I guess any of these stories could also have been illustrated with my own photo, from Taiwan, which I used to illustrate a post about low fertility rates — implying this presumed grandmother was happy because she at least has a grandchild. (You’re welcome to use the picture for that purpose, free clip-art searchers of the future, but please don’t describe it was a birth mother and her child.)

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Births to mothers in their forties are less common now than in the old days

In my post the other day I suggested that, when it comes to children’s health, mothers’ health is a bigger issue than mothers’ (advancing) age when they give birth. I was motivated to post it by the widespread discussion of Judith Shulevitz’s essay in the New Republic, “How Older Parenthood Will Upend American Society” — discussion that has continued with today’s On Point (which I haven’t heard yet), including the author Elizabeth Gregory, who has written Ready: Why Women Are Embracing the New Later Motherhood (which I haven’t read yet).

In the comments, several people (Reeve Vannamen and relfal) brought up the issue of later births in the olden days (before 1970). We need to think about two different issues: having first children at a later age, and having any (or many) children at a later age. For some questions of children’s health – especially the sperm-mutation issue with autism – I don’t think it matters: an older-age birth is an older age birth. The same goes for the angst over whether children will know their grandparents, whether parents will be too old to take them to soccer practice, and so on.

On the other hand, “starting a family” at an older age (because, remember, it’s not a “family” until you have kids), is a different issue, with its own implications for total fertility rates, the age composition of the population, etc.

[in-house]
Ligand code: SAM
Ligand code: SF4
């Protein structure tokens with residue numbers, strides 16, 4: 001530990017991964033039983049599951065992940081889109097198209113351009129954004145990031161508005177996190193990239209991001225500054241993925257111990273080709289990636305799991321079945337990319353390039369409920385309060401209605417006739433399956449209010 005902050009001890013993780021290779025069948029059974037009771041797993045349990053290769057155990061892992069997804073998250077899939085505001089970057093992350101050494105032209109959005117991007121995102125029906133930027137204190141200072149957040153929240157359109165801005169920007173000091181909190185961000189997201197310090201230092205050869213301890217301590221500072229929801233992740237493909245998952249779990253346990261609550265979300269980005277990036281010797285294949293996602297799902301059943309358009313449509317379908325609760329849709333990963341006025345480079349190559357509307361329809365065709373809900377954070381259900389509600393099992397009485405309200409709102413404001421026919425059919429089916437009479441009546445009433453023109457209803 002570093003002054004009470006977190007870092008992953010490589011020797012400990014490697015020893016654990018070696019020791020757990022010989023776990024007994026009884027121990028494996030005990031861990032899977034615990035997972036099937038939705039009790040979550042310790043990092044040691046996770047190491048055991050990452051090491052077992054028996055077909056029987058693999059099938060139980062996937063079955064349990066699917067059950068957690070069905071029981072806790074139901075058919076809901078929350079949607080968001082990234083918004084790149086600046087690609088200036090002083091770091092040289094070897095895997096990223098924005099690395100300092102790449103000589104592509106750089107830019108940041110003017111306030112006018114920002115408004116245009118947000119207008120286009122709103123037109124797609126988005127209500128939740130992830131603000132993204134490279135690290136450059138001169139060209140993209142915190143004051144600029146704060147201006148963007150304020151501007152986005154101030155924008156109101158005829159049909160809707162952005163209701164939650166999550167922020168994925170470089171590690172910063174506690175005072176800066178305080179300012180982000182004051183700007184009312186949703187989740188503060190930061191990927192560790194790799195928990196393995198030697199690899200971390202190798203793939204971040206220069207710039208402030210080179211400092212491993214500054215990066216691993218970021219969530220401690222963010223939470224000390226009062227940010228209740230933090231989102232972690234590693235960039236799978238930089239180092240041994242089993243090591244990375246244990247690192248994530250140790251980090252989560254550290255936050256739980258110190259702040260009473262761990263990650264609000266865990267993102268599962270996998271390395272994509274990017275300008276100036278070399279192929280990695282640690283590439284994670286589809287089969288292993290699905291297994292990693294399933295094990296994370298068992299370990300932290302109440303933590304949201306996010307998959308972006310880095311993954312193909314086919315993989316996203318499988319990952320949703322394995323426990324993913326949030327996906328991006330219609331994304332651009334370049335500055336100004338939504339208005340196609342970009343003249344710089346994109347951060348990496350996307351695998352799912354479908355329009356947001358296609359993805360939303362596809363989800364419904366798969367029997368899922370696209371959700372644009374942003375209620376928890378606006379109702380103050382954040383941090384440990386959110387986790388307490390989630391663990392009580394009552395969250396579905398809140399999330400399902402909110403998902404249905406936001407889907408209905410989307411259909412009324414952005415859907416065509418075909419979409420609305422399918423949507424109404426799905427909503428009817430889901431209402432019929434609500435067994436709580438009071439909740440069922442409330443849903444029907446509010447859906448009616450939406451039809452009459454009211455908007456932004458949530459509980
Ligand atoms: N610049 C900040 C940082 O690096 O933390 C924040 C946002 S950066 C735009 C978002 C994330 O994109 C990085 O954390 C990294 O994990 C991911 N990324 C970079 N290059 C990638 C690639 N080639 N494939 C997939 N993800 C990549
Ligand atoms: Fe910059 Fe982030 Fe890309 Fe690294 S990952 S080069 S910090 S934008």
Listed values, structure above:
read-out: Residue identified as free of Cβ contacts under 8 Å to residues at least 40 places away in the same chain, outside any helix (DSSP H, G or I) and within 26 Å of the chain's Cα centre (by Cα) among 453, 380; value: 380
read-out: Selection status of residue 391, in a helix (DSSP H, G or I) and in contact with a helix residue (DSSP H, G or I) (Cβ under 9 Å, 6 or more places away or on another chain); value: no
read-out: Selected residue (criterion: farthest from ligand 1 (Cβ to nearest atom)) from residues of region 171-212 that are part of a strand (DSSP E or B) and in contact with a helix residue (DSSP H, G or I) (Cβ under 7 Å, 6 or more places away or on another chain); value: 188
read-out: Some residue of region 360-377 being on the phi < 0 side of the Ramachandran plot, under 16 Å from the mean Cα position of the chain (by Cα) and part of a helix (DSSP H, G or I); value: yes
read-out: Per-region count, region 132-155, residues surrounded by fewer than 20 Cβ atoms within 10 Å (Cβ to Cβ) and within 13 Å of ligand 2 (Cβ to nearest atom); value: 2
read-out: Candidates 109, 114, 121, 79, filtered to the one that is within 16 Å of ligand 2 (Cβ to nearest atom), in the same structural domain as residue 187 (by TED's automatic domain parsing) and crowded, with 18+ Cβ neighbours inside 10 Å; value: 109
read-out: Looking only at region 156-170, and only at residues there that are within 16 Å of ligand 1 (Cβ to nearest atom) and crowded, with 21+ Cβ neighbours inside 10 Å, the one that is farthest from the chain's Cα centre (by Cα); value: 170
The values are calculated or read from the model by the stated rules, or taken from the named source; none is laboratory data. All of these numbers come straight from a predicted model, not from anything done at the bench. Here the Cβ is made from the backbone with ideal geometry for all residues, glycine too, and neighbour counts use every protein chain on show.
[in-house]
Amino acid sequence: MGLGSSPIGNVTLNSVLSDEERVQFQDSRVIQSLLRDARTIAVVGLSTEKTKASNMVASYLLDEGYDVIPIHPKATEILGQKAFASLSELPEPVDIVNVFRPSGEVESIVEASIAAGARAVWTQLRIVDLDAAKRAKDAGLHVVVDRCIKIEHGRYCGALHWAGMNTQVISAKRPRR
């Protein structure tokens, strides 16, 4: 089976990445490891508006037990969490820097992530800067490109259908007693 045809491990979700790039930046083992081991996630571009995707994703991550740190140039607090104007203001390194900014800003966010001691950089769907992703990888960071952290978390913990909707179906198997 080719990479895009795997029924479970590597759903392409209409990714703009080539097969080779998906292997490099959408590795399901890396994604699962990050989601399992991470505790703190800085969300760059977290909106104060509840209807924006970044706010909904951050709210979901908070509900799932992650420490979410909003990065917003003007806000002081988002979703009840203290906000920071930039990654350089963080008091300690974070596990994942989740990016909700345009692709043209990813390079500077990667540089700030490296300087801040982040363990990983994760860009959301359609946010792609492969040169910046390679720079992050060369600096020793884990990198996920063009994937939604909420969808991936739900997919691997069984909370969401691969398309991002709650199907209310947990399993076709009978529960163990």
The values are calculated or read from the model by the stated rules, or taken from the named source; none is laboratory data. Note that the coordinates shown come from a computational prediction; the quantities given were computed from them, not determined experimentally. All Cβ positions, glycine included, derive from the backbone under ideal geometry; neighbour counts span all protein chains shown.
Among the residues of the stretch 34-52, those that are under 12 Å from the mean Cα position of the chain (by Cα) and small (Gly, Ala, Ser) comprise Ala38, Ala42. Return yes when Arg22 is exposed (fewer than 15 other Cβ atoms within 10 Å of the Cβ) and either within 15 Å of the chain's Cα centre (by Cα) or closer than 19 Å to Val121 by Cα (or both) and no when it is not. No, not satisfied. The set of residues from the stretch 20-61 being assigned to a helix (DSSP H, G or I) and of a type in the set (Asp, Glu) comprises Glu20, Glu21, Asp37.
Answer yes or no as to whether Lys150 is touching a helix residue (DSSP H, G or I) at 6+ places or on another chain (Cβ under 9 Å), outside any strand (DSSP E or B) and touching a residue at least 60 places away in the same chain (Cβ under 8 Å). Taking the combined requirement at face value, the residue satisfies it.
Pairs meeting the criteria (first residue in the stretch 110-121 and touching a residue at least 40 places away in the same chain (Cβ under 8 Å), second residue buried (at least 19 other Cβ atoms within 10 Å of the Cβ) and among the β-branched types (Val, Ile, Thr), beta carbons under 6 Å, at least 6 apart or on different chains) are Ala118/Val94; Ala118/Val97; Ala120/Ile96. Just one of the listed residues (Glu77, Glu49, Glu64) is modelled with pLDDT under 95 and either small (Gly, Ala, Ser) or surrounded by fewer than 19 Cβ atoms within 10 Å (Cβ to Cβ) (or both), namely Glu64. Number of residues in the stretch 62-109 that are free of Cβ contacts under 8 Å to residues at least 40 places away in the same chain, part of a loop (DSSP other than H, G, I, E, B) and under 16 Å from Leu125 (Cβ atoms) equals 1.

Both having any children and having first children at older ages have been increasing in recent decades, but having any children at older ages is not historically unprecedented. Here are the birth rates for women ages 40-44, from 1940 to 2011, along with the percentage of all children born to those women from 1960-2010:

maternal-age-40-11

Sources: Birth rates 1940-1969, 1970-2010, 2011; Percent of births 1960-1980, 1980-2008.

Birth rates to women ages 40-44 are still substantially lower than they were in the olden days. So the number of kids whose parents will be over 60 when the kids come back to live with them after college is lower now despite an increase for 30 years.

On the other hand, the percentage of kids born to older mothers has surpassed those rates, because these are more often first or second, rather than third or fourth or fifth children. Put another way, the chance that women will have their first, and possibly only, baby at an older age has increased since 1960. While the overall birth rate for older women is still lower than it was in 1960, the first-birth rate is much higher. Here is the birth rate among women with no previous births, for those aged 35, 40 and 45, from 1960 to 2005:

first birth rates 60-05

Source: Table 4 on this page.

In 1960, only 4% of women who reached age 35 without having a baby had one that year. They probably weren’t just delaying their childbearing intentionally or putting off finding a mate while they pursued their careers. On the other hand, by 2005 almost 9% of those who reached age 35 without having a baby had one that year. The late first birth has become much more common.

Now if you go back to the promo blurb for On Point, you see how the issues are jumbled together:

American parents are having kids old and older. Look around. Are those two that child’s parents? Or its grandparents? It is very often hard to know these days. In many ways, this has been liberating. Twenty-somethings with a child-free, diaper-free decade of youth. People with time and space to start careers. But there is a price, and it’s becoming clearer. Older parents juggling kid’s soccer and their own aches and pains. Kids who won’t know their grandparents. Parents who won’t know their grandkids. And a baby bust.

The hardships faced by older parents are nothing new, but parents used to have more kids around when they went through them. It’s good to keep an eye on the issues separately.